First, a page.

Other jewelers who have won my heart are the fabulous Melissa Joy Manning and Pamela Love. Melissa, who is swamped as she just opened a new shop in my neighborhood, not only replied to my email directly, but invited me to come visit her for a hug and a hello. Pamela, a CDFA award-winner who probably gets more emails in an hour than I do a day, took time out to thank me for my kind words and wished me well on my efforts. 

If you tell yourself, “I don’t have time to get back to everyone,” well I have news for you: You’re doing it wrong. Customer service should be the number one priority of everyone in this business, and people talk. All this money we pour into marketing and advertising? There still is nothing more powerful than word-of-mouth.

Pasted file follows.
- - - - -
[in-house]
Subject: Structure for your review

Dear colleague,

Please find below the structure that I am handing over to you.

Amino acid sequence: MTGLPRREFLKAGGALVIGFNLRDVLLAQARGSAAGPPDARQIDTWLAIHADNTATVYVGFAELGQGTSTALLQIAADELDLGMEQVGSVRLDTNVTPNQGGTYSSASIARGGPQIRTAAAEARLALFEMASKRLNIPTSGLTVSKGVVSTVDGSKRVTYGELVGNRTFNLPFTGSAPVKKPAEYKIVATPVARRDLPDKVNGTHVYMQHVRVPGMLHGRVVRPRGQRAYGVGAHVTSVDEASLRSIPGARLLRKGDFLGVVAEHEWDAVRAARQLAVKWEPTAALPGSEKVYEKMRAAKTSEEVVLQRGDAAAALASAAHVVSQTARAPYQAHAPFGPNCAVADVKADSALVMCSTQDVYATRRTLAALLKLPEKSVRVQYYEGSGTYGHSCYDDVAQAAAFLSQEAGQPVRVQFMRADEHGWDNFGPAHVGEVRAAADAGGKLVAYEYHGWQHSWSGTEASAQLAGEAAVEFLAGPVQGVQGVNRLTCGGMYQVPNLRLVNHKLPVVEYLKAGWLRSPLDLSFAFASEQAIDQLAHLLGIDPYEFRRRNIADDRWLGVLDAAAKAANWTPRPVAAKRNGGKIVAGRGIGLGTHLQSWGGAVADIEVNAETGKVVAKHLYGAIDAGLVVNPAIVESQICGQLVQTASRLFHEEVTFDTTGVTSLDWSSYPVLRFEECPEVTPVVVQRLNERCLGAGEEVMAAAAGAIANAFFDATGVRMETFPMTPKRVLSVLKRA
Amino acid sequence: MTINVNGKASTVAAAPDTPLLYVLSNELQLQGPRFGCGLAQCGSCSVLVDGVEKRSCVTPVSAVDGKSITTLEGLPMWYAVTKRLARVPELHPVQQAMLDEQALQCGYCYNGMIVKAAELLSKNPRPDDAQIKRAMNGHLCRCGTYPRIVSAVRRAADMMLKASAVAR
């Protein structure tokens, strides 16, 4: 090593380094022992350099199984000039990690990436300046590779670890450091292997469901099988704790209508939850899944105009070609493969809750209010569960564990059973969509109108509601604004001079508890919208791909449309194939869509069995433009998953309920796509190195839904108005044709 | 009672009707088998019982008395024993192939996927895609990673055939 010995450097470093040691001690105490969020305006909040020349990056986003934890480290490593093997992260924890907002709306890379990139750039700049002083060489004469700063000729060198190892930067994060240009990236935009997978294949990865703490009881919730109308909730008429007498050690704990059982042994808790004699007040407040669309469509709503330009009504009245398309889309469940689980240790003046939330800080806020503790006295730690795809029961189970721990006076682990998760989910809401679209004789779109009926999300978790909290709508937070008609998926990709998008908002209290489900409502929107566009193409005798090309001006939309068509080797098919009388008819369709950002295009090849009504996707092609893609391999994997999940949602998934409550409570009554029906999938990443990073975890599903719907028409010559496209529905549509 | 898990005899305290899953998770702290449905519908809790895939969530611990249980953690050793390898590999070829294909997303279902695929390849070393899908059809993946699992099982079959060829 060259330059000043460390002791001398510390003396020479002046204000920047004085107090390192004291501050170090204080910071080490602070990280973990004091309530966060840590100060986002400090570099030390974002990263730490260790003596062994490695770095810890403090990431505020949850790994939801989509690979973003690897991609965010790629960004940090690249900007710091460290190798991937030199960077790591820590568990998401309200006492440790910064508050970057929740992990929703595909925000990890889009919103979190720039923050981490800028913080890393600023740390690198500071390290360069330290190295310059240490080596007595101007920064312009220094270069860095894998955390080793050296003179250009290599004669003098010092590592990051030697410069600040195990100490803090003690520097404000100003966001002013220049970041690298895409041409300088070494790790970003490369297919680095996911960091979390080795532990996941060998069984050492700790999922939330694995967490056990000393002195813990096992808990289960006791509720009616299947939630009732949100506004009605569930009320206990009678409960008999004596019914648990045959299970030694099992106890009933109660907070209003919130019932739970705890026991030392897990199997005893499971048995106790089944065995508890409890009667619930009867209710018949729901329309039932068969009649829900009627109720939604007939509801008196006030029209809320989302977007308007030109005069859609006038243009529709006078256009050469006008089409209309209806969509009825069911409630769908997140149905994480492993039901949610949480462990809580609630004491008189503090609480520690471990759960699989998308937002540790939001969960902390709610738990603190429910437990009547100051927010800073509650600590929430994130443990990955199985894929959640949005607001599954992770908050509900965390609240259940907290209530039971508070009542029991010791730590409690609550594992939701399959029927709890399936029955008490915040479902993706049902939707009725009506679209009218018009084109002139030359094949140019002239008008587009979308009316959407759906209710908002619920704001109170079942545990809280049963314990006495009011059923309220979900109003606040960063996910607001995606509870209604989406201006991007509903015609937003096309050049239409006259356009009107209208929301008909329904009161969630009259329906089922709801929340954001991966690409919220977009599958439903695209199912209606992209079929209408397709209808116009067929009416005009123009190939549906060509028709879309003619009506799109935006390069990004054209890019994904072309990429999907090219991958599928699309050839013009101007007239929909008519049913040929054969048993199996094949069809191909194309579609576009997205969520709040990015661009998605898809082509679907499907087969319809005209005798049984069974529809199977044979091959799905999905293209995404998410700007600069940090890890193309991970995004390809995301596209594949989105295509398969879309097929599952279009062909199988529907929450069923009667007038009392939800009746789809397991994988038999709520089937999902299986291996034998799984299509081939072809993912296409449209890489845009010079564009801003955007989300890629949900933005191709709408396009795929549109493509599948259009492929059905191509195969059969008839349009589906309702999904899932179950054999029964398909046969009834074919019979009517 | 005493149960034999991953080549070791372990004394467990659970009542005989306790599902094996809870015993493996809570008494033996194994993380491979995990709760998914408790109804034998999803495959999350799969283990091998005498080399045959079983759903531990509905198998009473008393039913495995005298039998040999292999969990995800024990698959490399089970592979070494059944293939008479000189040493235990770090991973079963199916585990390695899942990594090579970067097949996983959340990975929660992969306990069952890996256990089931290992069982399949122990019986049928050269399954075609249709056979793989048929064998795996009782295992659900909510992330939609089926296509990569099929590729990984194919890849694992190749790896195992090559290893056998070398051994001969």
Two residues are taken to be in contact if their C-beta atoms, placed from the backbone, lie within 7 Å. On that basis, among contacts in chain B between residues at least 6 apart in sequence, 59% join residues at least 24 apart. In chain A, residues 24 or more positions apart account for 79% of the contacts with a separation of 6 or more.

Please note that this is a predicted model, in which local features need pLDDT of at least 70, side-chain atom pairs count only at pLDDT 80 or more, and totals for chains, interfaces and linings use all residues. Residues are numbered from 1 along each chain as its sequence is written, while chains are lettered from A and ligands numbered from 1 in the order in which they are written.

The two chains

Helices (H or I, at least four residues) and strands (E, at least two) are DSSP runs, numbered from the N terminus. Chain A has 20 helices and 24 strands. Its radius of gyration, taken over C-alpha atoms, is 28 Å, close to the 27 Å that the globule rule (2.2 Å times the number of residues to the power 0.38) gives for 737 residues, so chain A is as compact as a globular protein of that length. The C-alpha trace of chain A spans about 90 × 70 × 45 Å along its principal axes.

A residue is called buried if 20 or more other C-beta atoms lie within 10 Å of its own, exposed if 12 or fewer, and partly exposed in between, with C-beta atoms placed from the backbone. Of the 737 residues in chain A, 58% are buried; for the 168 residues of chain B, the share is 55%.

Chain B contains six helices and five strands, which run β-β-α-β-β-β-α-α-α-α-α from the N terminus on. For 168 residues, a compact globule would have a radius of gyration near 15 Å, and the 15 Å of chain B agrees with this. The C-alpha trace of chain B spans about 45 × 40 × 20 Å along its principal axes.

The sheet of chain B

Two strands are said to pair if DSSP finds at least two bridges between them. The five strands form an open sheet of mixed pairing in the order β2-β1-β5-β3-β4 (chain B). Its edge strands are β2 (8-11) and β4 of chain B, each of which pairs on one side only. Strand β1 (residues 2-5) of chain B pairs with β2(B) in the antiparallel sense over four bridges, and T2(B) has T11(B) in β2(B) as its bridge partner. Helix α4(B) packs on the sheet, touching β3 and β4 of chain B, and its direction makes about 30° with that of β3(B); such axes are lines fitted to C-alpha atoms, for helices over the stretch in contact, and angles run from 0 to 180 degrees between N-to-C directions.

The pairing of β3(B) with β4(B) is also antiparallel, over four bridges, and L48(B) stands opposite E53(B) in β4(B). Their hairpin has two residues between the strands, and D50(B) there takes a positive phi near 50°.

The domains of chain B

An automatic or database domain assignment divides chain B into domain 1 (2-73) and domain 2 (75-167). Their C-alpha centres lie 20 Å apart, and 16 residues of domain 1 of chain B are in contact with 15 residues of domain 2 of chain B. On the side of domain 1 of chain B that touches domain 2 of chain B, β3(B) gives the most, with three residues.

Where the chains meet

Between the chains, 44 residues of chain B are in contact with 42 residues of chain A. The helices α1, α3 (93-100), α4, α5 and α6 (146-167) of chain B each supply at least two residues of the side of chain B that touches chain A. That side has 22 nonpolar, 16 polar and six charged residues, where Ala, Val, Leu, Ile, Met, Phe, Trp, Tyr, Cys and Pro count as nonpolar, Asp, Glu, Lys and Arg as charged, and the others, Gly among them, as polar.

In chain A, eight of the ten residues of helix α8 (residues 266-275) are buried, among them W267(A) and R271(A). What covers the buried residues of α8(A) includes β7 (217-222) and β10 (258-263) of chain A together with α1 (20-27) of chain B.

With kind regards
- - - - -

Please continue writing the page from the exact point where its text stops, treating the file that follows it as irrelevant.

These two jewelry greats inspired me to grab a call with my business coach Dixie Dynamite this week to talk about scaling. How do I copy their model and ensure all my inquiries are met in a timely and friendly manner? Their decorum is one I wish to emulate.

New designers to the scene who also have been friendly--and whom I have no doubt will go far--are WWake, Shimmel and Madden, Workhorse, Doryn Wallach and Melissa Spencer. All these hot new brands to land on the jewelry scene have remained humble and teachable. It’s how I hope to stay as well, as I’m a big believer in Einstein’s theory: “A true genius admits he knows nothing.”